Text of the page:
After opening the door for her, Mathilda gives Leon an ultimatum to let her live with him teach her how to clean, threatening him with her alternative – death in the hands of Stansfield. But in a way, entering his apartment is equally an ultimatum for her, feeling a nix of Freudian resentment towards her new father figure and his closed-up, workaholic, machine-like nature. Fortunately, she elbows her own version of childhood naiveté, allocating some well-needed play-time in their routine. They squirt each other with water or impersonating pop-culture icons, finally makes us understand that this movie is like what would happen if Jacques Tati directed an action film. And then the guns go satisfying blazing.
- Clip joint: tearjerkers (guardian.co.uk)
There was a Q&A after a screening of John Cassavetes‘ A Woman Under the Influence with its star Gena Rowlands. I wanted to ask about Cassavetes’ Kubrick-esque methods towards directing or how this film might have been about their generation. Her character, Mabel Longhetti declares that she’s not a ‘stiff,’ mocking other housewives’ affectations. She balk later and tells her husband Nick (Peter Falk) that she can be anything he wants but he tells her that she’s fine the way she is. Their brashness rebels against past generations’ behavioural conventions as well as those people’s facades of white normality. Instead, I asked instead about whether she thinks Mabel’s insanity comes from society or within – like anyone, she said both.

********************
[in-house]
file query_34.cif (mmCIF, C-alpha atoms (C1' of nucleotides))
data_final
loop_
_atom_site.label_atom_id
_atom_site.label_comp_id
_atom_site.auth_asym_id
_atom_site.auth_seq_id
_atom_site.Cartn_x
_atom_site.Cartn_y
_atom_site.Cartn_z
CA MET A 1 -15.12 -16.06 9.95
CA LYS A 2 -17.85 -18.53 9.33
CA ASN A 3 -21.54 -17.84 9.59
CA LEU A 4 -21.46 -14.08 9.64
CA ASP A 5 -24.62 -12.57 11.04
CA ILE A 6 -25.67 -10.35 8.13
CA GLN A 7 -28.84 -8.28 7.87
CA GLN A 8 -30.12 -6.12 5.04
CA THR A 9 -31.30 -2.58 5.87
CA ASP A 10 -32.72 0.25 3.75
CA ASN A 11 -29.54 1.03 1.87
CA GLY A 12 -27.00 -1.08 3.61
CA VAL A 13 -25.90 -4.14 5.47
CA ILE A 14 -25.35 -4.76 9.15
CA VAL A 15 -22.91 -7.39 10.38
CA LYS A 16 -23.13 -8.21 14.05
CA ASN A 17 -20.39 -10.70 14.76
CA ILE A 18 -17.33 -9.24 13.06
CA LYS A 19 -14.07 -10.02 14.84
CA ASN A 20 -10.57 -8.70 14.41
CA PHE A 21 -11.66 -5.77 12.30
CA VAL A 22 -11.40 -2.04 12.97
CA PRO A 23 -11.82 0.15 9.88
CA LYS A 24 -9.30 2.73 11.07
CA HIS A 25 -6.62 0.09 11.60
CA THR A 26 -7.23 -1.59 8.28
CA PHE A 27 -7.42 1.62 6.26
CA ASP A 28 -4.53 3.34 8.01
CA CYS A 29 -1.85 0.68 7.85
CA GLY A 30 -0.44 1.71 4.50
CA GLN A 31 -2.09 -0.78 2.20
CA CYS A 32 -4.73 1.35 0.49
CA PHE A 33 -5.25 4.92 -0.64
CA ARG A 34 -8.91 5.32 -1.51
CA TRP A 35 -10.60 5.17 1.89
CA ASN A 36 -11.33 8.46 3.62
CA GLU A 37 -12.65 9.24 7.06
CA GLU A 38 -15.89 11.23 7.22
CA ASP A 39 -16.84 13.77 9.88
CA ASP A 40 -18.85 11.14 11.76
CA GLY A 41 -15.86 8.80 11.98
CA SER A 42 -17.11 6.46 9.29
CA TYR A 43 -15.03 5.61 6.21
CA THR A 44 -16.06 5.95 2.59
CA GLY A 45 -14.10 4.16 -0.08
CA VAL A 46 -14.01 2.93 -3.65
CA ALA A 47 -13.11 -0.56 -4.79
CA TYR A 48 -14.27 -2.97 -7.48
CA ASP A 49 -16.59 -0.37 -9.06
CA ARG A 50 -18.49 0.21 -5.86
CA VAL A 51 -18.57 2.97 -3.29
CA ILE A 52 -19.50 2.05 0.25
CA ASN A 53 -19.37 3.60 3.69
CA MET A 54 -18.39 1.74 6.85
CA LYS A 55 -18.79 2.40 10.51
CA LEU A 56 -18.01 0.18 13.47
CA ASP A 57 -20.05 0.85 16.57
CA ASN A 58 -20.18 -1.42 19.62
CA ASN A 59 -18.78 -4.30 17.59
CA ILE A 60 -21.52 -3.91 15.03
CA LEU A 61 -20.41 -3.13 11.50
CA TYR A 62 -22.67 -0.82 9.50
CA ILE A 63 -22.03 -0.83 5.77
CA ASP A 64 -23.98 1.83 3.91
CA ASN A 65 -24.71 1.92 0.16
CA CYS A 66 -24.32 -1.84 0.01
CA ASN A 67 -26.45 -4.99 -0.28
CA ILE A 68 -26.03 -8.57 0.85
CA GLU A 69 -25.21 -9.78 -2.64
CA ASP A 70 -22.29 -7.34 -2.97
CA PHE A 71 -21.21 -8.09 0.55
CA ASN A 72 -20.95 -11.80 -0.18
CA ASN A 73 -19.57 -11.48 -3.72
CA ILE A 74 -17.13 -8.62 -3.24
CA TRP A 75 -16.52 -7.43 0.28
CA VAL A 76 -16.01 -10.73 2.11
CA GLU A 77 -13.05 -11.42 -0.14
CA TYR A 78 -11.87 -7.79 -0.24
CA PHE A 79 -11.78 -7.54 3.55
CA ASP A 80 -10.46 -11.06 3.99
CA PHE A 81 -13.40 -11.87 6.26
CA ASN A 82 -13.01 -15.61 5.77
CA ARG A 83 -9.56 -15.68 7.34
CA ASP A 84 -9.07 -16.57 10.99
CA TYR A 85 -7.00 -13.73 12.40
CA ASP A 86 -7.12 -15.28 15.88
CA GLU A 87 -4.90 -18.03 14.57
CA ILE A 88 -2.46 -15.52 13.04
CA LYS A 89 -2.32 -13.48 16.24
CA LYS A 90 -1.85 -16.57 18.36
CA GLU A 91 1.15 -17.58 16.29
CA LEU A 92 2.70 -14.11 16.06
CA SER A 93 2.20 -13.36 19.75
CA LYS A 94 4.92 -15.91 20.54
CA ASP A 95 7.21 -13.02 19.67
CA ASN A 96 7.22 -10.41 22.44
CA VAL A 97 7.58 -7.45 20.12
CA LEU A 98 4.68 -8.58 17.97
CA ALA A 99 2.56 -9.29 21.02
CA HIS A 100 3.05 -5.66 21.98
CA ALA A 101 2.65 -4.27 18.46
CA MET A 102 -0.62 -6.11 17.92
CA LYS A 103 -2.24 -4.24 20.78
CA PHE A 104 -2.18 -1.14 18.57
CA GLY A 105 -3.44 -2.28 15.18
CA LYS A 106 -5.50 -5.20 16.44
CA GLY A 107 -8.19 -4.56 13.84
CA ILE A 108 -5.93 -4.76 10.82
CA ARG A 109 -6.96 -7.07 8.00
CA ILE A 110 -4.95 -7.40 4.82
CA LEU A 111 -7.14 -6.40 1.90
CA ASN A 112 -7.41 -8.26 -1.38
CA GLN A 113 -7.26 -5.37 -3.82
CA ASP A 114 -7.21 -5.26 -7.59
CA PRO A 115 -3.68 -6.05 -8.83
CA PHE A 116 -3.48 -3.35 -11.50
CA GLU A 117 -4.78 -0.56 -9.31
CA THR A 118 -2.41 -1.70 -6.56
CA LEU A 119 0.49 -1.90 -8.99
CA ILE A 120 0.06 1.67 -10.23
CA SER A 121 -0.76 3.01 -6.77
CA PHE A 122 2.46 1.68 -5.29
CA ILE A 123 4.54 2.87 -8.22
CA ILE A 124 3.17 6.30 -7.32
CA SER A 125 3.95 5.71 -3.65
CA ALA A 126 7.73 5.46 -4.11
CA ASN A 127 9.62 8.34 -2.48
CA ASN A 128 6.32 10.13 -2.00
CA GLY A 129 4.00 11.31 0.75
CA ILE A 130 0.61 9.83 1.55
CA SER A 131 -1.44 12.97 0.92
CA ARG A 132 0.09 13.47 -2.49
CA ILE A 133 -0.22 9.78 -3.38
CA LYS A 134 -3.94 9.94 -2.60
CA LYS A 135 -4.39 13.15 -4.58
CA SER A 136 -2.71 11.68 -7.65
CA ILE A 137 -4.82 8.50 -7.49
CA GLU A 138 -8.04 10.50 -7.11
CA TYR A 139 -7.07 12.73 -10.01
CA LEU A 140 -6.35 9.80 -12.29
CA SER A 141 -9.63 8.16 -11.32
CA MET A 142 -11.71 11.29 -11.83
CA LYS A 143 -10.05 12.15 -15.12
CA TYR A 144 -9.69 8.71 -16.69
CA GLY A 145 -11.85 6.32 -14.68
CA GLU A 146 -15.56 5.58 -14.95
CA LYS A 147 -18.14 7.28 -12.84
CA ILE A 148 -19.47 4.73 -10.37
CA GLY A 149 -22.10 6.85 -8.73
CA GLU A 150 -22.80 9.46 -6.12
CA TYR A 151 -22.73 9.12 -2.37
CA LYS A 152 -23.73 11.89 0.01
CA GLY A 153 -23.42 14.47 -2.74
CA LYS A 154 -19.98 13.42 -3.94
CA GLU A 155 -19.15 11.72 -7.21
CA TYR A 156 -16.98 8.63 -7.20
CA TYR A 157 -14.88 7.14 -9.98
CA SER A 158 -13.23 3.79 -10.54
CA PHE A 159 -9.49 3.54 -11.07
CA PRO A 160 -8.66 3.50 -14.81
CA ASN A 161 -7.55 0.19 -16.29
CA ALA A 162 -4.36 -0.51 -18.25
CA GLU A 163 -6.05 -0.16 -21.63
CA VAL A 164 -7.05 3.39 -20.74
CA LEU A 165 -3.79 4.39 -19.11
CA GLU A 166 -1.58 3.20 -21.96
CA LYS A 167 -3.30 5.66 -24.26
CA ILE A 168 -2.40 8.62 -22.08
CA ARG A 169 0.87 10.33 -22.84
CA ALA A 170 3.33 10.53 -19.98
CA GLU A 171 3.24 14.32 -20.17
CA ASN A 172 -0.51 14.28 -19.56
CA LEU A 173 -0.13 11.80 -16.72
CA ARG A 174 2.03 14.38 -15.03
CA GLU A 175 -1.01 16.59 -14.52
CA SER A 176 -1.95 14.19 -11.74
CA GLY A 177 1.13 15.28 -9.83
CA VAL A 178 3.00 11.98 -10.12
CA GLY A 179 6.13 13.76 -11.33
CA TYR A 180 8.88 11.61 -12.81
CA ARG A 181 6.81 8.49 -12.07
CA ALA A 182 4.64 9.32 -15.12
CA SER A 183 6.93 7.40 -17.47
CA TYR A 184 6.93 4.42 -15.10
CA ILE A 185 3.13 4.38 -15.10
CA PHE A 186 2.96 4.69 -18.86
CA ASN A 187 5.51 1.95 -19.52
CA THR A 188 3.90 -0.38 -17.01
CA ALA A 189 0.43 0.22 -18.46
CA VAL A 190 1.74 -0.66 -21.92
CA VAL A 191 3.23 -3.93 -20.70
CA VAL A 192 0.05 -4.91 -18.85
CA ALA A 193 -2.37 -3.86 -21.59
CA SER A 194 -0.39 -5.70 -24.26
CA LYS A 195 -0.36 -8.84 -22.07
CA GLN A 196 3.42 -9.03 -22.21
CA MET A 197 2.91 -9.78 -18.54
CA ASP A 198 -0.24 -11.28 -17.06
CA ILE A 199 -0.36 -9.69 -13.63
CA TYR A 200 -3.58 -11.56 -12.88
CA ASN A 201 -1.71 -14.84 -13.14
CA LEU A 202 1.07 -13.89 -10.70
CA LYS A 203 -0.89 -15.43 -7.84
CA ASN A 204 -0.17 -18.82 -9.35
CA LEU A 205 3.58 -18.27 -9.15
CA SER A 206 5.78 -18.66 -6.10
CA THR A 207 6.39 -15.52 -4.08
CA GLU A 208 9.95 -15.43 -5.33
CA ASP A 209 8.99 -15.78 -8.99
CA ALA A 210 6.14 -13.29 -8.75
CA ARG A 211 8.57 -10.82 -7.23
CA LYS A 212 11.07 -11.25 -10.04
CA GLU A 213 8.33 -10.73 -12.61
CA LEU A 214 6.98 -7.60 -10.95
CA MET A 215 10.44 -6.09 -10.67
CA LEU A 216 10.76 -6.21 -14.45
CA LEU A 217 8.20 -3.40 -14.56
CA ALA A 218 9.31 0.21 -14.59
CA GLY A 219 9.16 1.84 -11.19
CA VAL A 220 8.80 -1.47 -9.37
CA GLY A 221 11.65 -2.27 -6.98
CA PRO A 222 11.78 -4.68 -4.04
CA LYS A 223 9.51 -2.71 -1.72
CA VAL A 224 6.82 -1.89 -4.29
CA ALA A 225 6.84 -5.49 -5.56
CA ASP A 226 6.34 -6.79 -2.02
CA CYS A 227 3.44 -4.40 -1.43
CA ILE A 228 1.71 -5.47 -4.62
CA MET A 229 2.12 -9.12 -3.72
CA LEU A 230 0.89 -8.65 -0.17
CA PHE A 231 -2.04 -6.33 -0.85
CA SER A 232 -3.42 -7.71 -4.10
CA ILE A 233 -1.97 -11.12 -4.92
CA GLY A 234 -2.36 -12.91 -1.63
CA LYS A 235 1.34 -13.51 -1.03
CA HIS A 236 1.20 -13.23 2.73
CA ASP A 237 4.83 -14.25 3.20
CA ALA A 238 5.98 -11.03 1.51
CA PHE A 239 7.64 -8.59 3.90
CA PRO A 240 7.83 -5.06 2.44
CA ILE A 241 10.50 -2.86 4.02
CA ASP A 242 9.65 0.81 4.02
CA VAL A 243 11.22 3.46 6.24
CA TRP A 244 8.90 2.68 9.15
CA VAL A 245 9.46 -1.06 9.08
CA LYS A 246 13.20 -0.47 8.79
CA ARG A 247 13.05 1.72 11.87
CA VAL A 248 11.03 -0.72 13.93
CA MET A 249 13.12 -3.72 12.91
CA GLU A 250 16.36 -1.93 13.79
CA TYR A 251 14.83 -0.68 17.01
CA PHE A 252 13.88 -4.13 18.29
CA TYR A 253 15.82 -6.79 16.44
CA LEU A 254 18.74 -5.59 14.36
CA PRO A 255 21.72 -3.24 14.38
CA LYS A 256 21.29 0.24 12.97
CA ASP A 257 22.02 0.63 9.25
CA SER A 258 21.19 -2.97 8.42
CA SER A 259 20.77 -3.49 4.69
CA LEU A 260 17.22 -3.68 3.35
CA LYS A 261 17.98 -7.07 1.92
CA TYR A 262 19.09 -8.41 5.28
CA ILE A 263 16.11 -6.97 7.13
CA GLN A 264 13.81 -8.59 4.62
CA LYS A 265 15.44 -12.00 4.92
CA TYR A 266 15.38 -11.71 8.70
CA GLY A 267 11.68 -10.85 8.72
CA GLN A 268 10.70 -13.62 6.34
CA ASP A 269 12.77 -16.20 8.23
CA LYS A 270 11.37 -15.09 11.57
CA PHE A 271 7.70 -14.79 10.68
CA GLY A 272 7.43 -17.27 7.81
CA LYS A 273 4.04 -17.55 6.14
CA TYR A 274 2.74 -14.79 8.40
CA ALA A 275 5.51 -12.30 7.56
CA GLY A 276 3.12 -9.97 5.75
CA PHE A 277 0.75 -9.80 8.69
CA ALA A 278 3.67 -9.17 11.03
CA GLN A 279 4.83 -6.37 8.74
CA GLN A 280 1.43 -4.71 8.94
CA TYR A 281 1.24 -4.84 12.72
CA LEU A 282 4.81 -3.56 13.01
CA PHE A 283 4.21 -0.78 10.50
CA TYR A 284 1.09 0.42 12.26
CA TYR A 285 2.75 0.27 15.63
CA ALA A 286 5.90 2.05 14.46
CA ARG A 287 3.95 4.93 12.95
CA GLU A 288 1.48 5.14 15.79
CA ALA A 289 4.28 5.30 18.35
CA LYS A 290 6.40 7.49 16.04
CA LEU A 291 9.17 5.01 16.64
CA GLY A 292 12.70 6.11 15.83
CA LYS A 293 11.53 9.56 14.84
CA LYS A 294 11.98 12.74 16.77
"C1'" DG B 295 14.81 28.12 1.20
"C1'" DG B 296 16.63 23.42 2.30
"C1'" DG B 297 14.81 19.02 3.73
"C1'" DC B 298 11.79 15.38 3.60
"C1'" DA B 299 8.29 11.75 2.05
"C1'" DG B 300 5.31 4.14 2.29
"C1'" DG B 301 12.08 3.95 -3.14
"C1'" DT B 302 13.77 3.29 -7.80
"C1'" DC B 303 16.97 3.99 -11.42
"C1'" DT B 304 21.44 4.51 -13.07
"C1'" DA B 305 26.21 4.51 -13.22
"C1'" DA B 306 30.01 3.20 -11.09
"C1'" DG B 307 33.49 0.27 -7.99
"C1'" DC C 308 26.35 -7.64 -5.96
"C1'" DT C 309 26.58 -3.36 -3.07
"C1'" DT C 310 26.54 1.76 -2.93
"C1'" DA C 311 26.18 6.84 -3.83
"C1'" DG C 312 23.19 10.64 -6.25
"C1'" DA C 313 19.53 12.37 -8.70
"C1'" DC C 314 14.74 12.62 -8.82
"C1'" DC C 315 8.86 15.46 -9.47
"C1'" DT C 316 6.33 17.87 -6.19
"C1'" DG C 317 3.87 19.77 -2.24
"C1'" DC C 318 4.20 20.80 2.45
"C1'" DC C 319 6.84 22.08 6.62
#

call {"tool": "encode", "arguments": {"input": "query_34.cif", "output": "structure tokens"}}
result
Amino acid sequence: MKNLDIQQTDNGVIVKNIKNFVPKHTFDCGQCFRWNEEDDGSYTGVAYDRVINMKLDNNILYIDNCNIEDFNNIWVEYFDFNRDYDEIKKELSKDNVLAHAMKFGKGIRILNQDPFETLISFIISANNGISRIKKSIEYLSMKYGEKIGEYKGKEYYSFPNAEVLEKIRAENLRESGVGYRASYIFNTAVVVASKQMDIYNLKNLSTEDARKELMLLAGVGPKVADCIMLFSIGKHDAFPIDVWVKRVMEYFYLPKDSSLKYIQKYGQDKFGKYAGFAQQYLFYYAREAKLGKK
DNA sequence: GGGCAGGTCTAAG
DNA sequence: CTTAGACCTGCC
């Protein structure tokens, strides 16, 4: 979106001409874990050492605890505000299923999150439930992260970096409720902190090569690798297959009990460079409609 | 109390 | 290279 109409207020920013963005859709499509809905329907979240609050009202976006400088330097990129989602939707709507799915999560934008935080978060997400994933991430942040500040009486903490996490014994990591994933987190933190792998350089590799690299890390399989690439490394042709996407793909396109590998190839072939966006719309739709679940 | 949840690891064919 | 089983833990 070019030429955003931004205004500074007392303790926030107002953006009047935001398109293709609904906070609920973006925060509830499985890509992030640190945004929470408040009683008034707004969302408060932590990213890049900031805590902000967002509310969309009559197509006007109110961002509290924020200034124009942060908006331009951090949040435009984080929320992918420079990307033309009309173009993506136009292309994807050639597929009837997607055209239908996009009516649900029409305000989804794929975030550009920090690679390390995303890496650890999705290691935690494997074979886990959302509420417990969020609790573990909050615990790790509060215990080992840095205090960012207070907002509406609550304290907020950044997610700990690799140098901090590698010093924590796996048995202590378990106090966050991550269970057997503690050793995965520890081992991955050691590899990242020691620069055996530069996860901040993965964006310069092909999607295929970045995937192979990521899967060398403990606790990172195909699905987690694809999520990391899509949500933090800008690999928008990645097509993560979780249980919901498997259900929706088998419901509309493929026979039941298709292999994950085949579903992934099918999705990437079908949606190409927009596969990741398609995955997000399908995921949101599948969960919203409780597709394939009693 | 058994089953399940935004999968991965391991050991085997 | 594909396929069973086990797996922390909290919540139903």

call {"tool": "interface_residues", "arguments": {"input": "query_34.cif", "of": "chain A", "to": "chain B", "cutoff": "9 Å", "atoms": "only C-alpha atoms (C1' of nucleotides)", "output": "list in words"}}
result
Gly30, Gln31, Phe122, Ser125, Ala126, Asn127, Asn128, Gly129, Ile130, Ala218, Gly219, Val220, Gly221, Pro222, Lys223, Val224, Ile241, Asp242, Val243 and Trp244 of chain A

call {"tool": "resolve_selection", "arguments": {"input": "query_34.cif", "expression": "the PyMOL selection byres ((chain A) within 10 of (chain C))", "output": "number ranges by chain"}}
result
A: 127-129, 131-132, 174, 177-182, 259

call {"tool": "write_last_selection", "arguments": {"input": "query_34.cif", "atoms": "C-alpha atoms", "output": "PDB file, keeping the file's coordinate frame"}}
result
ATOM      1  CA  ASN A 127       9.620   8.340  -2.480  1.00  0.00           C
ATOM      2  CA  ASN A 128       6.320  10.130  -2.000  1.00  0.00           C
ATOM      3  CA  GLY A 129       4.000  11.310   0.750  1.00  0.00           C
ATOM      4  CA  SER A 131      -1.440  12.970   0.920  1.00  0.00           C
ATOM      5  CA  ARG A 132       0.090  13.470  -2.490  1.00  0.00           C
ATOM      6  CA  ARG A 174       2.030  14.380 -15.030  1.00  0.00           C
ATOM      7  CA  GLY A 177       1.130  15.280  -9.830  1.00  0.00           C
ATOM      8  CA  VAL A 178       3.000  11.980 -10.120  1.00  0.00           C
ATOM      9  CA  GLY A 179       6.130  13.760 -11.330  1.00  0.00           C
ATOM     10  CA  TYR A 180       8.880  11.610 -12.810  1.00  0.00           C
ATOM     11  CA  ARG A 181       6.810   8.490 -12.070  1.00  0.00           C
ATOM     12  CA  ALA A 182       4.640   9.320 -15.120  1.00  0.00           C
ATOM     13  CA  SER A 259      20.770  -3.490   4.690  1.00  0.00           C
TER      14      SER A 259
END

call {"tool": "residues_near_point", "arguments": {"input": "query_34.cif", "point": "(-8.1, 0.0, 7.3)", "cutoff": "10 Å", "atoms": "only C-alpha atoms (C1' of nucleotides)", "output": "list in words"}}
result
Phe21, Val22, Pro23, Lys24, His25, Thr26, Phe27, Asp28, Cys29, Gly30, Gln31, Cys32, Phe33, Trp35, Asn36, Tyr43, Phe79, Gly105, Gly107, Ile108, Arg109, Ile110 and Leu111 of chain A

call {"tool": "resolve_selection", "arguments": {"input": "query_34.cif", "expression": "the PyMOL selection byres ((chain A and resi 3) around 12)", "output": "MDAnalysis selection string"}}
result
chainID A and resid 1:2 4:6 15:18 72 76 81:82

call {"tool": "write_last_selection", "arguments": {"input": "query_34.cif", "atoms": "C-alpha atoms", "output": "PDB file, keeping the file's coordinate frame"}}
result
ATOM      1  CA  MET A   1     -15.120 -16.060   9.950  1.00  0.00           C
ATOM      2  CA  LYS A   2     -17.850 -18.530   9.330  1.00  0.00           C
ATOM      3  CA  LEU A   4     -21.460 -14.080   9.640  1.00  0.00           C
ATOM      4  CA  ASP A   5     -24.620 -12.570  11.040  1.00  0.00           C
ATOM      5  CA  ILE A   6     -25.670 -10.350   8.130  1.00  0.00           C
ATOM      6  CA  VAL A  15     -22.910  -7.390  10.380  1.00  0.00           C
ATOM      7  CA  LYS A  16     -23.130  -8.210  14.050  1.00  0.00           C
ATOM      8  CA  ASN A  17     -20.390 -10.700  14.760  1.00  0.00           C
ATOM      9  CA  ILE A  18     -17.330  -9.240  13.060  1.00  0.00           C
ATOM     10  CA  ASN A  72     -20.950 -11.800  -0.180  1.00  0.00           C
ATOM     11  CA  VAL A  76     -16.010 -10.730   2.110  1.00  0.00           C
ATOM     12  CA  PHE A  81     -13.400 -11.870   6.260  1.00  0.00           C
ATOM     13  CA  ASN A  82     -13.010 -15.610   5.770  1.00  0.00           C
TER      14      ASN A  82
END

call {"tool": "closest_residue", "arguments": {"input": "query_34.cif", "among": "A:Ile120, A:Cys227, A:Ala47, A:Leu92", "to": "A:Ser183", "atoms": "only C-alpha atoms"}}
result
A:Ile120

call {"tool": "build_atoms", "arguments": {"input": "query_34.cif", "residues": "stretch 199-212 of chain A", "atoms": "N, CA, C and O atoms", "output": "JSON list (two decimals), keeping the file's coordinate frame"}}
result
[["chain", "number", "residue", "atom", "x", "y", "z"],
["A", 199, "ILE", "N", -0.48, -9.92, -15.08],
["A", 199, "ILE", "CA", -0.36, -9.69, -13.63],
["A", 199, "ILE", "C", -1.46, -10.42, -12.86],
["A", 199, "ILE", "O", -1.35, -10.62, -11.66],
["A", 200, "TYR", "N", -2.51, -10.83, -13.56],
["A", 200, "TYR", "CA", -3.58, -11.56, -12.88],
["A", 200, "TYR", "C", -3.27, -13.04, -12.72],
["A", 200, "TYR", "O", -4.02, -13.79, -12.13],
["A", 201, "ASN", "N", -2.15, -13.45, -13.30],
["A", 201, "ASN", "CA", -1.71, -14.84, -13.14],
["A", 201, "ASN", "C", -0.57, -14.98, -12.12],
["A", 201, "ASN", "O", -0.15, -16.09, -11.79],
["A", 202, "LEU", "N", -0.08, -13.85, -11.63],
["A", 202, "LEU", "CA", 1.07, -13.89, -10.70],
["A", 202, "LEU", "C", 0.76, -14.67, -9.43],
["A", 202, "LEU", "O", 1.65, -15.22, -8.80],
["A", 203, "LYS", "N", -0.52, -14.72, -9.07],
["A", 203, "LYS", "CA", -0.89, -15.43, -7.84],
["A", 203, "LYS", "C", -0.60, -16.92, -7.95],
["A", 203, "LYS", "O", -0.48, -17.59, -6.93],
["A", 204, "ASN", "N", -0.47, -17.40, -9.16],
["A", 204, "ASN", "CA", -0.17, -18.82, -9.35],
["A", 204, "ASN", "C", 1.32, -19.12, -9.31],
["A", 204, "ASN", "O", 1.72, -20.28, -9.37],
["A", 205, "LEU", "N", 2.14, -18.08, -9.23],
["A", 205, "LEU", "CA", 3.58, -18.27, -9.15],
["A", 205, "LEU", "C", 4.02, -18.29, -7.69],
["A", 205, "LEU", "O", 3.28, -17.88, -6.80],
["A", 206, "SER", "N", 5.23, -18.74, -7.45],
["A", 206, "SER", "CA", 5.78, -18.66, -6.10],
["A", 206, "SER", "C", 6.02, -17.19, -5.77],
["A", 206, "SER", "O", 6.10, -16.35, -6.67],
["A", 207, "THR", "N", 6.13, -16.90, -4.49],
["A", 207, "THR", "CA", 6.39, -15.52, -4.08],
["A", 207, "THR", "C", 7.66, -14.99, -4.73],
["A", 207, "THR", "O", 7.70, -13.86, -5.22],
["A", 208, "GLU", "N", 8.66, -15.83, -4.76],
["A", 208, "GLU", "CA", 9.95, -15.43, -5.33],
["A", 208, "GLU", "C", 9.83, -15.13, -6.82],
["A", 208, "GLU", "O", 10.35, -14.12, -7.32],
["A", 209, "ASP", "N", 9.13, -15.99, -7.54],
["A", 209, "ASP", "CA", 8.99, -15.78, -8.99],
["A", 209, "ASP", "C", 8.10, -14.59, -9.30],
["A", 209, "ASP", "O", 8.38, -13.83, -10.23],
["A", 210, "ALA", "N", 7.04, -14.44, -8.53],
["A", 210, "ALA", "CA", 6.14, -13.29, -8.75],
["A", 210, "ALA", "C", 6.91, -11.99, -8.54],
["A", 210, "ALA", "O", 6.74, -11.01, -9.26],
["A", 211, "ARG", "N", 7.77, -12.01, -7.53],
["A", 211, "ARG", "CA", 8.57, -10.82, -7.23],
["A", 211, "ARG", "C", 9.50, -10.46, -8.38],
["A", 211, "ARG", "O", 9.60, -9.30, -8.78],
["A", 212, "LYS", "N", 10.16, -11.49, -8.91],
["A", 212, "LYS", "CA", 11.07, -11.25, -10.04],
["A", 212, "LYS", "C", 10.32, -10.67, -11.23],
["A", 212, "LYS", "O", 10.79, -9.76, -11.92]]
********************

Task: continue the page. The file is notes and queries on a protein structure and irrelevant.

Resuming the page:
The film is frustrating because of how it portrays Mabel’s, like Pink Flamingos but with complex shot schemes. The camera blurs or closes up on characters during conversations with others who are off-camera. Cassavetes didn’t want to plop a camera down to capture a domestic drama through wide-shot long takes. Instead he cuts to different angles, skipping from one thread of a conversation to another, making sense in portraying the tempers firing off from different characters as well as their constantly changing allegiances for or against her.
Reading Jessica Winter’s book “A Rough Guide to American Independent Film,” I misconstrued her synopsis of the film and assumed genre conventions, thinking that Mabel being ‘committed’ is Nick’s fault. But her insanity surfaces first, causing his outbursts, making him unsympathetic. However, there’s some progressiveness or even misguided feminism in him – seeing her post-hospital self makes him want her earlier imbalances back. Maybe the double standard shows that we can dismiss Nick’s insanity as boorishness while her essential role in the family can’t make her expendable. That her insanity being separate from their idea of her while there’s no ideal Nick.